If You’re a Christian, Feeling Like Your Country is in Ruins, Here’s What God Told You to do about It

If you’ve spent any time on this blog you know that I’m an Evangelical, Bible-believing person. Politically, I lean left on some issues, and right on others. I have friends on both sides, so it’s difficult for me to jump on board with the popular belief that “liberals are trying to destroy our country,” or, “conservatives are under-educated, overly-armed people who don’t care about anything.”

But I’m worried.

So many from my Evangelical camp seem to be losing their minds.

Someone has been whispering that our political foes want nothing more than to take away our freedom. I can take a guess at who that might be – there’s one particular media outlet that’s seen by many as wholesome and mostly aligned with God’s priorities.

I used to have an Evangelical neighbor who had it playing on her TV 24/7.

And it’s just like any other media outlet. It knows its audience and makes lots of $$ telling them what they want to hear. It doesn’t broadcast “fake” news, it simply doesn’t tell the whole story – just enough to lead one to believe that the “other side” wants nothing more than to burn our country to the ground.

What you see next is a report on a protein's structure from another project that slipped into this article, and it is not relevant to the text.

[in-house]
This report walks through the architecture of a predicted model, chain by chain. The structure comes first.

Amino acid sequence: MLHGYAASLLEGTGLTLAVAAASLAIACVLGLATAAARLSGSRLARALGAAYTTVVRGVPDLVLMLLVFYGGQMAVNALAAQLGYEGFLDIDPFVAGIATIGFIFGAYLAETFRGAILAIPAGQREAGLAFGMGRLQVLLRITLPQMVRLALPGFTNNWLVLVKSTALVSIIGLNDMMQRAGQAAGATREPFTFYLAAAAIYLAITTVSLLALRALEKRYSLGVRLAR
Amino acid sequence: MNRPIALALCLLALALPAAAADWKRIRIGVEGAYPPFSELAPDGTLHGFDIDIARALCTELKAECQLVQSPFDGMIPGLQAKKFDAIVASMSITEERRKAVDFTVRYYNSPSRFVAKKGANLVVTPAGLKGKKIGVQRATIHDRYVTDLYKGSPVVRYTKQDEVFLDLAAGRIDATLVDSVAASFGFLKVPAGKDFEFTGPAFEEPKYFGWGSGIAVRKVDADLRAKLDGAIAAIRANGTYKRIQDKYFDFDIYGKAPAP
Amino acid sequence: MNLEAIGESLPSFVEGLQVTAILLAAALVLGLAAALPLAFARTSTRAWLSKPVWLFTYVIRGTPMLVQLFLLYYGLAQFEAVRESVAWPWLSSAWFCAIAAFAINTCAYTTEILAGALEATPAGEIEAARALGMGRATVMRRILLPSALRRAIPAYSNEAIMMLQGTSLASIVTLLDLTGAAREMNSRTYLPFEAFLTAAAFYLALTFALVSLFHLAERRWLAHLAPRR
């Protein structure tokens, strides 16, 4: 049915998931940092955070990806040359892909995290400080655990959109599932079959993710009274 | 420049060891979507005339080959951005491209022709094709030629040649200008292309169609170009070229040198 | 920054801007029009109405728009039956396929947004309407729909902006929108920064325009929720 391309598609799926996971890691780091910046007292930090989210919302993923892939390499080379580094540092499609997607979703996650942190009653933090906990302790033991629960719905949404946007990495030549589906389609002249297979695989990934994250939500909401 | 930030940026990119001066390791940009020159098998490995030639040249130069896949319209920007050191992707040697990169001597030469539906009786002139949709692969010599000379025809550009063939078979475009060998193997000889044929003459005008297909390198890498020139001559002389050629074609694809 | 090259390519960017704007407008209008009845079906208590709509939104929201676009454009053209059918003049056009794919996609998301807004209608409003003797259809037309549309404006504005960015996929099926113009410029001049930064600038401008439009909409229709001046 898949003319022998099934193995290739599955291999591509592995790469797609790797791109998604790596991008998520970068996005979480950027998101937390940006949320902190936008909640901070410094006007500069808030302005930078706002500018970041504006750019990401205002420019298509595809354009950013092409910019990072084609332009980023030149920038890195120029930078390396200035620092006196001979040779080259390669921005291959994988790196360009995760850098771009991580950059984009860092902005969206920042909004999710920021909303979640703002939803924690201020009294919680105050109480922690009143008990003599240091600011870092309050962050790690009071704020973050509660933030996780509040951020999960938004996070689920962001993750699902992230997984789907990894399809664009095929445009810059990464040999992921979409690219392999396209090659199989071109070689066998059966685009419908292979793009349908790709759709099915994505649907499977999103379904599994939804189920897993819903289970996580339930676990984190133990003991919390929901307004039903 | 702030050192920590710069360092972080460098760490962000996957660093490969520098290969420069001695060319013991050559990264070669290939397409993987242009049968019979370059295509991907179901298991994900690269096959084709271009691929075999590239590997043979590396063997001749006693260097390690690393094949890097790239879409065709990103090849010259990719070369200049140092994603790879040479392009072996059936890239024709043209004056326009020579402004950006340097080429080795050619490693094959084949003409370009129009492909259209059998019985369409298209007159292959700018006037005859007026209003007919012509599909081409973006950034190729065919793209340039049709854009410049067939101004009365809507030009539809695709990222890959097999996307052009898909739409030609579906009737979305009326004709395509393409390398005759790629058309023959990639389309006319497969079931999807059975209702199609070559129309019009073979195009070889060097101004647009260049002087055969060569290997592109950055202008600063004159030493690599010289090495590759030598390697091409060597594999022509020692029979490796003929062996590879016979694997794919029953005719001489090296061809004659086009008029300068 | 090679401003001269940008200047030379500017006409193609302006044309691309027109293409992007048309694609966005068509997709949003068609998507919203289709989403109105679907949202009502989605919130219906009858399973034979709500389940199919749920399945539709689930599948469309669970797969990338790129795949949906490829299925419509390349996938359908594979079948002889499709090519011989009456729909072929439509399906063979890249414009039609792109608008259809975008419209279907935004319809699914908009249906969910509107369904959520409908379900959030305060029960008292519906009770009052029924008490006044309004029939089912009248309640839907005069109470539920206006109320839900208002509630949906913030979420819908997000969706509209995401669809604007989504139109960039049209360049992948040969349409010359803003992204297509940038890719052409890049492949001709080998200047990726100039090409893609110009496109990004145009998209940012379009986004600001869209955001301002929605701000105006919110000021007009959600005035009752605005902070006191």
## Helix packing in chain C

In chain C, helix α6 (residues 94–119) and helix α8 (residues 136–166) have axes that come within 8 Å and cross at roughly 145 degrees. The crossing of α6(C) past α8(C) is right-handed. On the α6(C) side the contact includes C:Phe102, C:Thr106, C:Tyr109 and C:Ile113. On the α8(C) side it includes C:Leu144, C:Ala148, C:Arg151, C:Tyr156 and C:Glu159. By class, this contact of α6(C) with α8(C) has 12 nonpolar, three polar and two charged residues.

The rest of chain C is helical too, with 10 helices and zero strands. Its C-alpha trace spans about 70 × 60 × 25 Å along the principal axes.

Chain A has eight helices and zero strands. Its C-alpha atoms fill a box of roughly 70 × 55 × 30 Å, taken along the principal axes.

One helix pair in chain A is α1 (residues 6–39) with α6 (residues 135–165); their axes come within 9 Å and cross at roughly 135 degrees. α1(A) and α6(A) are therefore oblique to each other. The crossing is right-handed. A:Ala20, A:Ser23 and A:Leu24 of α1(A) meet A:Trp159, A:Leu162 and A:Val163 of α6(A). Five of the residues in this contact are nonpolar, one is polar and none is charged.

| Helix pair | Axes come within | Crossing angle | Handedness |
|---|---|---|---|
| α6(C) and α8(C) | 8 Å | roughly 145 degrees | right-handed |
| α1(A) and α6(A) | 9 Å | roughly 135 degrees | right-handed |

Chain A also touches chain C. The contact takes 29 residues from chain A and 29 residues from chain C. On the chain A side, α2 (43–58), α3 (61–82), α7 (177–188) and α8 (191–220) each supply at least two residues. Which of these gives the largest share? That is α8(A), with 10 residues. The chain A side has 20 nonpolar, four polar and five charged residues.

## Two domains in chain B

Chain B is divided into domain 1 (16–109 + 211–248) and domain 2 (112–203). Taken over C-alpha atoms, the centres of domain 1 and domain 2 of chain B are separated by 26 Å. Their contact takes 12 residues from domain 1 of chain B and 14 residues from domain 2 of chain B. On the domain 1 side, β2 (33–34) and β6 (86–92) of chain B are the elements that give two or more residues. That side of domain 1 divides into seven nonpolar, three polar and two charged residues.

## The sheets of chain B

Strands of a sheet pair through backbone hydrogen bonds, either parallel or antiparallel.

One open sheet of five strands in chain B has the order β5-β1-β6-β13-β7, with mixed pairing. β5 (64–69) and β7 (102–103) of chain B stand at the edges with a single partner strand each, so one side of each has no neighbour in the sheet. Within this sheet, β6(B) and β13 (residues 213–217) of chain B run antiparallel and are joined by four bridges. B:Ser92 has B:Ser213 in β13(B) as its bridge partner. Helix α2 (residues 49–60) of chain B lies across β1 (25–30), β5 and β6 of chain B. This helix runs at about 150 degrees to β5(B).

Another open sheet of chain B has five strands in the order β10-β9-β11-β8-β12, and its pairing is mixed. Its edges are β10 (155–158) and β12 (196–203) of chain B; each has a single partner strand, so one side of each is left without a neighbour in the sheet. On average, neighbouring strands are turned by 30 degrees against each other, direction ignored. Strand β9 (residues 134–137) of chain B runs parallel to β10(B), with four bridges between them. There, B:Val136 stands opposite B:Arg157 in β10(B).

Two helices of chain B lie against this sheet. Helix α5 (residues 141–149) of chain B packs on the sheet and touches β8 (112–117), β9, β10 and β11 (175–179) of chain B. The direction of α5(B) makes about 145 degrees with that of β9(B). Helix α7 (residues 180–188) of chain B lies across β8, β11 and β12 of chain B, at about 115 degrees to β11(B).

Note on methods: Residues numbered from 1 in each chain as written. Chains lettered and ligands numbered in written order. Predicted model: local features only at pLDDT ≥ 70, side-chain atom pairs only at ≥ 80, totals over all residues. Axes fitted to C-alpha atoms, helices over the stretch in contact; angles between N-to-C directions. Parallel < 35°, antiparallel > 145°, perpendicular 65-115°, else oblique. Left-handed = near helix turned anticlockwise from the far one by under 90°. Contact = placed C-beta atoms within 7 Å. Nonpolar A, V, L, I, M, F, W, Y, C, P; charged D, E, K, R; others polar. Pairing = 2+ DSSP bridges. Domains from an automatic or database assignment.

Either way, there’s this army of people, all claiming allegiance to God, who are frightened, angry, and view any “liberal” agenda as the Devil’s seed.

And like religious people who see their country in danger have always done, we believe it’s up to us to turn things around.

Jesus dealt with this. Many of His followers believed it was their job to eradicate Israel of the Romans. Bad as the Romans were, Jesus had a different agenda for His people, one that repeats itself over and over again in the Bible.

God knows we get angry and frightened about the state of our country, and the world, so He saw fit to include one simple commandment, something we’re all supposed to be doing, but seem to frequently excuse ourselves from it.

It’s a commandment that forces us to step down from our anger, and stop the finger-pointing, division, and general hatred that has so characterized Evangelical politics this year.